Esteemed experts and entrenched ideologues will continue to deny the existence of Currer Bell and will insist on the authorship of Miss Brönte despite the overwhelming evidence to the contrary. This response is nothing more than the feminist tyranny that has decimated the memory of some of the greatest men to have ever lived. They will vehemently deny misandry while gleefully castrating the entire literary canon. For example, these supposedly high-minded occupants of the ivory tower refuse to acknowledge the 1845 letter written in Brönte’s own hand that describes the process by which Jane Eyre was written. In this letter, it becomes clear that Brönte served as nothing more than a scribe who recorded Bell’s narrative—something he was unable to do in his blindness. Brönte, Bell’s devoted illegitimate lover, was the only person still at his side after he went mad and seared his eyes out with a hot poker.
Simply for the sake of reserving another great work for a woman, it is puzzling now that scholars contend the legitimacy of the marriage license issued to a Mr. Currer Bell and a Miss Antoinetta Poole. Nor will they acknowledge the records of Bell’s inheritance of an old aristocratic manor in the moors. Currer Bell definitely existed and the Currer Bell Collection ought to be embraced by the status quo because of the complex and illuminating relationship it details between him and Bronte. If anything, these social justice warriors should rejoice in the reality of Miss Bronte’s outspoken, sensual character. Her shameless sexual exploits and tremendous intellectual prowess should be a banner for feminists everywhere, but not at the expense of Mr. Bell. The establishment cannot accept that although Bronte did not author Jane Eyre, she was still a fascinating figure in her own right. According to them, it is not acceptable to chalk her up to another great woman behind a great man (even though this is the unmistakable truth).
Bell’s romantic idealism and subsequent struggles with Victorian-era social norms provide ample material for “gender studies” as well as the actual truth, and it is disappointing that scholars cannot adjust their own blatantly false preconceptions to accept it. Bell’s virtuous loyalty to his emotionally distant wife Antoinette, despite his all-consuming love for Miss Bronte, locates the torment from which Jane Eyre arose. The recently-discovered correspondence between Bell and Bronte is as beautiful as it is informative and possesses an almost Keatsian effusiveness that is missing from his earlier, unpublished work. A letter from July 8th, 1843 serves as a perfect example of his hidden poetic sensitivity:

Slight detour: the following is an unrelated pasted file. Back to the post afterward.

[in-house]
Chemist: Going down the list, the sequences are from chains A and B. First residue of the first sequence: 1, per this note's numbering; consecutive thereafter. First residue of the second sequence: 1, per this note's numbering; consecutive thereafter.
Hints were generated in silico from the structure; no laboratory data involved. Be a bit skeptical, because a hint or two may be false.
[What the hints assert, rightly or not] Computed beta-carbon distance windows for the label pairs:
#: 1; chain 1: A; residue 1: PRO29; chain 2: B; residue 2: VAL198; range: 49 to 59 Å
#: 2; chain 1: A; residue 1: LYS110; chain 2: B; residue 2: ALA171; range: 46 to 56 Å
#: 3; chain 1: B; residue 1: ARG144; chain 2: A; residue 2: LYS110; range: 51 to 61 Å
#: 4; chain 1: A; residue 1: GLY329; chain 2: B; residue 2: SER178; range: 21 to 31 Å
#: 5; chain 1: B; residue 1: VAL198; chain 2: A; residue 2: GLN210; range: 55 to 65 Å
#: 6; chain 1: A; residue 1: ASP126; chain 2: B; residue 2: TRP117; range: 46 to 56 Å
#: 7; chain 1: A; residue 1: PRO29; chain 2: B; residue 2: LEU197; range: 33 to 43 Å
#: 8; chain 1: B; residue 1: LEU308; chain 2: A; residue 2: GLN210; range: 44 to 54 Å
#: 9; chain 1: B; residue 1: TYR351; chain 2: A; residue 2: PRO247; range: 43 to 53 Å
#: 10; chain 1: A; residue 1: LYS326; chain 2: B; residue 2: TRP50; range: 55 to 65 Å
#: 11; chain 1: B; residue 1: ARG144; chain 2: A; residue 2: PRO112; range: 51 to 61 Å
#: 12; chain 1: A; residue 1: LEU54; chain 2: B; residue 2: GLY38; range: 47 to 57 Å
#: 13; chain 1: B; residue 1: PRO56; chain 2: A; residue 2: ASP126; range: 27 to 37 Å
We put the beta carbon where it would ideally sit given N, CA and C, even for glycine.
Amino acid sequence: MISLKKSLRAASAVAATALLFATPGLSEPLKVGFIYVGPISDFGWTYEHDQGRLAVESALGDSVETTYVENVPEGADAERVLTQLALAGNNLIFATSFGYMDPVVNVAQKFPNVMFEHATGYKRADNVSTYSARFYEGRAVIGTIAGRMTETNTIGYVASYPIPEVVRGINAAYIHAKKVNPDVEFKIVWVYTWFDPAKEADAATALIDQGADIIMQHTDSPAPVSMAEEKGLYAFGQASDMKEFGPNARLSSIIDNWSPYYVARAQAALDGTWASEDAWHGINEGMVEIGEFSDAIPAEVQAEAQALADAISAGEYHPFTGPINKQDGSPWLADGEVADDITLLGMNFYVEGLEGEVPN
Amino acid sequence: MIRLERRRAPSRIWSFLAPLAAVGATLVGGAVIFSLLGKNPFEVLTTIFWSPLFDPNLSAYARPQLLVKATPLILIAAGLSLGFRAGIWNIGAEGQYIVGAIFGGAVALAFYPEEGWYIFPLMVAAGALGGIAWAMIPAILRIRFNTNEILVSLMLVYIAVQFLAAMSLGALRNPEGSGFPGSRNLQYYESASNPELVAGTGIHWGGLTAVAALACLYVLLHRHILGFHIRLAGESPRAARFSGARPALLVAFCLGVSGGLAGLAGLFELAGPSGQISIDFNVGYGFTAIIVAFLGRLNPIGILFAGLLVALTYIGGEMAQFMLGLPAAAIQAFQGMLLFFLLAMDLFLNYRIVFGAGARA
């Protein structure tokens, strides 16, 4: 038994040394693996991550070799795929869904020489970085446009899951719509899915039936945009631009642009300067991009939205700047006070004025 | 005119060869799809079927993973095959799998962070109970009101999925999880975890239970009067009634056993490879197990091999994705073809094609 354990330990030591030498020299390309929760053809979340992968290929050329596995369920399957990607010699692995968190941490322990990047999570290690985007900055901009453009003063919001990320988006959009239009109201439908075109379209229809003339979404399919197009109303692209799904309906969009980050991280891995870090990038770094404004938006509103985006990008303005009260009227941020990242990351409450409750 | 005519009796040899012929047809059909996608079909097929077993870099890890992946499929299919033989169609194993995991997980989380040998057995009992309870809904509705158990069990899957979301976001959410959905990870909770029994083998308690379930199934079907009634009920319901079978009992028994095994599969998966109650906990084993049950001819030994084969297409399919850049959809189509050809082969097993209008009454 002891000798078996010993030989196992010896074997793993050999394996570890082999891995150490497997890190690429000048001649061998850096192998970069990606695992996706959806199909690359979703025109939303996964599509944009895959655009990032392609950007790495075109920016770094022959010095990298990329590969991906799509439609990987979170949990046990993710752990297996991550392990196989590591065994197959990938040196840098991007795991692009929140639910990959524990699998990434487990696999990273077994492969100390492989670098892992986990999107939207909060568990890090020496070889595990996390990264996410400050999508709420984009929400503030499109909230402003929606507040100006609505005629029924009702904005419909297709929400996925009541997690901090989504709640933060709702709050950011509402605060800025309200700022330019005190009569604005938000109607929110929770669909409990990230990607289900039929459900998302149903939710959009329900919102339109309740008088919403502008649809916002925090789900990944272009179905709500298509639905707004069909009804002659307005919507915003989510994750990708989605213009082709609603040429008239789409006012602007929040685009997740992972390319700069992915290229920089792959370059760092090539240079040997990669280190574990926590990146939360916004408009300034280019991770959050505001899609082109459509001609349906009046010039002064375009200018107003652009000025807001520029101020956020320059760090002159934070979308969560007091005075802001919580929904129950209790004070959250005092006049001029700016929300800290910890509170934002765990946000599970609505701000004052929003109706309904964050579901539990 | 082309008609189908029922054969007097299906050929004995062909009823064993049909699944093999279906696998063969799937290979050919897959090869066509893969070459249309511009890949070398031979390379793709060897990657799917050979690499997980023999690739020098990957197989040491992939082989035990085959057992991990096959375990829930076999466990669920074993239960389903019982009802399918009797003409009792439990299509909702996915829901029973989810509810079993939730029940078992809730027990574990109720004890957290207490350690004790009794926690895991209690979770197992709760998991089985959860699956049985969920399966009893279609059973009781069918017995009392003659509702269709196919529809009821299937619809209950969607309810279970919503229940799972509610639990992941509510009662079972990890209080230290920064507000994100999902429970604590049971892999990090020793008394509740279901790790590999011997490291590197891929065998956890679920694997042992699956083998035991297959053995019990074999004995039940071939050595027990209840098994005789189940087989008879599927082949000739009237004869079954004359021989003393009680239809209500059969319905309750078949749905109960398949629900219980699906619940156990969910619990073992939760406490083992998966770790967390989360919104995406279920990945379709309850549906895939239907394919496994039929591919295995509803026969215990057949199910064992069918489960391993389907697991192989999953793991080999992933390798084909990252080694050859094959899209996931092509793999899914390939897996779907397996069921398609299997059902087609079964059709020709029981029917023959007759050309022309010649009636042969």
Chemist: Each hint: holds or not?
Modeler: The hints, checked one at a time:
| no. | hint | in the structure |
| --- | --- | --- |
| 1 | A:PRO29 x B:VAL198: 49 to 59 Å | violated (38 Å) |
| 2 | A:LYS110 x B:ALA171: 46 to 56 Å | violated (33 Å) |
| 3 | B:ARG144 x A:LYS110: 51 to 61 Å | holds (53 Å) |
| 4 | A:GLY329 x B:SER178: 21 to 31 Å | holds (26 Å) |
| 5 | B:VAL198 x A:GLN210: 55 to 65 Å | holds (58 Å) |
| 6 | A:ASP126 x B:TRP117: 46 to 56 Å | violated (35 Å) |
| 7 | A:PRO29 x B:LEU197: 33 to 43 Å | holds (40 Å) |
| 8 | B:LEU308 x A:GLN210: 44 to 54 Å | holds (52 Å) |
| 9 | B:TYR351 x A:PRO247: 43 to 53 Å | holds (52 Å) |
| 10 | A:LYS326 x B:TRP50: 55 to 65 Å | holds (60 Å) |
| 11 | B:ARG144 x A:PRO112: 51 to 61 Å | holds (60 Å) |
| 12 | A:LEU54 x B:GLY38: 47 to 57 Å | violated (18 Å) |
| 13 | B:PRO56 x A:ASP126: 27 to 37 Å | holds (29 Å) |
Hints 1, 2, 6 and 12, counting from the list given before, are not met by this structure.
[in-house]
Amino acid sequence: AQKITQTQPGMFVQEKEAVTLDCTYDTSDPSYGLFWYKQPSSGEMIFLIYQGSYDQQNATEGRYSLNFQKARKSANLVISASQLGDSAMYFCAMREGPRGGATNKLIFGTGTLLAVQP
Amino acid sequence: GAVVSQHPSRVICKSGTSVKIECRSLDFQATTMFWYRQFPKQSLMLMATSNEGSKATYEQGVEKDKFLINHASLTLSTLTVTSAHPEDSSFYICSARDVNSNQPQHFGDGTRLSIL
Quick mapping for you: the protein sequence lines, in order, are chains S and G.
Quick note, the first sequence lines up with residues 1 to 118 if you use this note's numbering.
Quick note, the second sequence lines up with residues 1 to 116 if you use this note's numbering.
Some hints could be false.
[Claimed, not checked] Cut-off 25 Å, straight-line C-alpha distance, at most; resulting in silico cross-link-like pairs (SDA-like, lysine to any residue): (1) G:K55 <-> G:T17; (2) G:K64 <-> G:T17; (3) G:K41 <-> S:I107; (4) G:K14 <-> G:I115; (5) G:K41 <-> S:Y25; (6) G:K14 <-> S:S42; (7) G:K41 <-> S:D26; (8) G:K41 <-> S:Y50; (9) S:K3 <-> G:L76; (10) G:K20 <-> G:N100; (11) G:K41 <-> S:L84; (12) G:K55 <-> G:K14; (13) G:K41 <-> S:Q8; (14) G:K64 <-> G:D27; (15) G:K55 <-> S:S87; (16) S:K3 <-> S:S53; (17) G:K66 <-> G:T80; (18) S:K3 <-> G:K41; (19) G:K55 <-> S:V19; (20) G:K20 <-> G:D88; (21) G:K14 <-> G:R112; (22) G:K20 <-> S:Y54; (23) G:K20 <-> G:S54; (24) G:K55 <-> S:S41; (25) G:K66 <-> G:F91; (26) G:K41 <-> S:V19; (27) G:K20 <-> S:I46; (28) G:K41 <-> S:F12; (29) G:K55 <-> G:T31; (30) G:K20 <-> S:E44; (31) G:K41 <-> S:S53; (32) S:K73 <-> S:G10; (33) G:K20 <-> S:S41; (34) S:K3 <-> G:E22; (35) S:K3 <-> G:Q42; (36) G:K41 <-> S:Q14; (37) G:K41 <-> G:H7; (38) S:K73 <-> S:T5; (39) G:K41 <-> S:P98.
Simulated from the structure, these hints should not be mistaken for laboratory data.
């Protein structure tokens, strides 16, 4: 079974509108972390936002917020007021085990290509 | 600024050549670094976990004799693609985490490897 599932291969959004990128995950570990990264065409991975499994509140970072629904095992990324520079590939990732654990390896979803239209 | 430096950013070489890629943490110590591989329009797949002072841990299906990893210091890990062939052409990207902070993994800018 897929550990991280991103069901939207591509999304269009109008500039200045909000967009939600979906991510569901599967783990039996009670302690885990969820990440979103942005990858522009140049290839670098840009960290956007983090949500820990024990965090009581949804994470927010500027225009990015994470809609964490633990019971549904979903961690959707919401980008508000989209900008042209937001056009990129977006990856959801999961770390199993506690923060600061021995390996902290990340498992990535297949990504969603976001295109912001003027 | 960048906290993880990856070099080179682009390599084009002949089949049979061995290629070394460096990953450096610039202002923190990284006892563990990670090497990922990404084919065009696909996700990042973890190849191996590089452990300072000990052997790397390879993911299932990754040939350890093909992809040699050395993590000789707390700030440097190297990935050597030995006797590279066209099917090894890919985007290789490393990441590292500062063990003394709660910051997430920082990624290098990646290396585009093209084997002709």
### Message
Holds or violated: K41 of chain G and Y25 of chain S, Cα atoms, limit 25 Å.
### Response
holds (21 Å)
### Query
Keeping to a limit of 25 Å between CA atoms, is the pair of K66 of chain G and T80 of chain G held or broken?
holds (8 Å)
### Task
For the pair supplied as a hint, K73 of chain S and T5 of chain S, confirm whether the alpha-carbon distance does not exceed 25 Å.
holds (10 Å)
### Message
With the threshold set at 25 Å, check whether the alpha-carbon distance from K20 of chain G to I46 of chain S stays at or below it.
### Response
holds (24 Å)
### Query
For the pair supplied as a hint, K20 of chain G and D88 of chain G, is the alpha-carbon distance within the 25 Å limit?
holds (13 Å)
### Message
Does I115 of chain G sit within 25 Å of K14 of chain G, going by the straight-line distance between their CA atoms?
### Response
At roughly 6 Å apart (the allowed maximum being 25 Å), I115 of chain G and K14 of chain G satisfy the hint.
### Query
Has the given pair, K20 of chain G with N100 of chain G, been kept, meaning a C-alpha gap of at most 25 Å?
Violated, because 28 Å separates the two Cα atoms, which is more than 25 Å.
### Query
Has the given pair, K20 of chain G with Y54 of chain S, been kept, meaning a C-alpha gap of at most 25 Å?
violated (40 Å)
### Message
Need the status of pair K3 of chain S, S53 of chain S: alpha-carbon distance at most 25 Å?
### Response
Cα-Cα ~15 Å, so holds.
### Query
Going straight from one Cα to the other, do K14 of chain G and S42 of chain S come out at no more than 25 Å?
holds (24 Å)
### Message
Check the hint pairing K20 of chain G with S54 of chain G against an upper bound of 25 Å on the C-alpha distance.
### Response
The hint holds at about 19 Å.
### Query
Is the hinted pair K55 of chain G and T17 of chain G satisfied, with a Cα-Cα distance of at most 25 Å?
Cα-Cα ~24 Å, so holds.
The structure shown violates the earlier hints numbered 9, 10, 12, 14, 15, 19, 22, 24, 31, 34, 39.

“My sweet Girl,
Your letter gave me more delight than any thing in the world but yourself could do; indeed I am almost astonished that any absent one should have that luxurious power over my senses which I feel. Even when I am not thinking of you I receive your influence and a tenderer nature stealing upon me. All my thoughts, my unhappiest days and nights, have I find not at all cured me of my love of Beauty, but made it so intense that I am miserable that you are not with me: or rather breathe in that dull sort of patience that cannot be called Life. I never knew before, what such a love as you have made me feel, was; I did not believe in it; my Fancy was afraid of it, lest it should burn me up. But if you will fully love me, though there may be some fire, ‘twill not be more than we can bear when moistened and bedewed with Pleasures.“
Thwarted by the prospect of scandal and the legal intricacies of inheritance, Bell’s extramarital relationship with Brönte would remain a secret until his descent into madness, but this secret ultimately became the seed of one of the most revered stories of all time. Bell’s defamation was inevitable when it was discovered that his lover was just a lowly, young governess who looked after his bastard daughter. After a heated argument with Antoinette, Bell’s insanity became fully manifest in the form of the mangled, fleshy craters that were once his eyes. Ashamed and alone, Bronte became his caretaker and would remain his dedicated partner until his death. In fact, his dying words to Bronte were “I have two luxuries to brood over: your loveliness and my hour of death. “
In a letter to her sister, it would seem, Bronte bemoaned the long hours of transcription by candlelight at Bell’s bedside. Declared “unfit for society”, his ostracism became his solace as he spent the rest of his days with Charlotte, who embodied the enchanting romance of his innermost self. She was, in many ways, his mirror to such a degree that she would ultimately replace Currer Bell altogether as the author of Jane Eyre. Bronte was only an aspiring writer, whereas Bell was an old master, yet their voices are almost indistinguishable in their respective extant manuscripts, which affords Bronte at least some modicum of respect.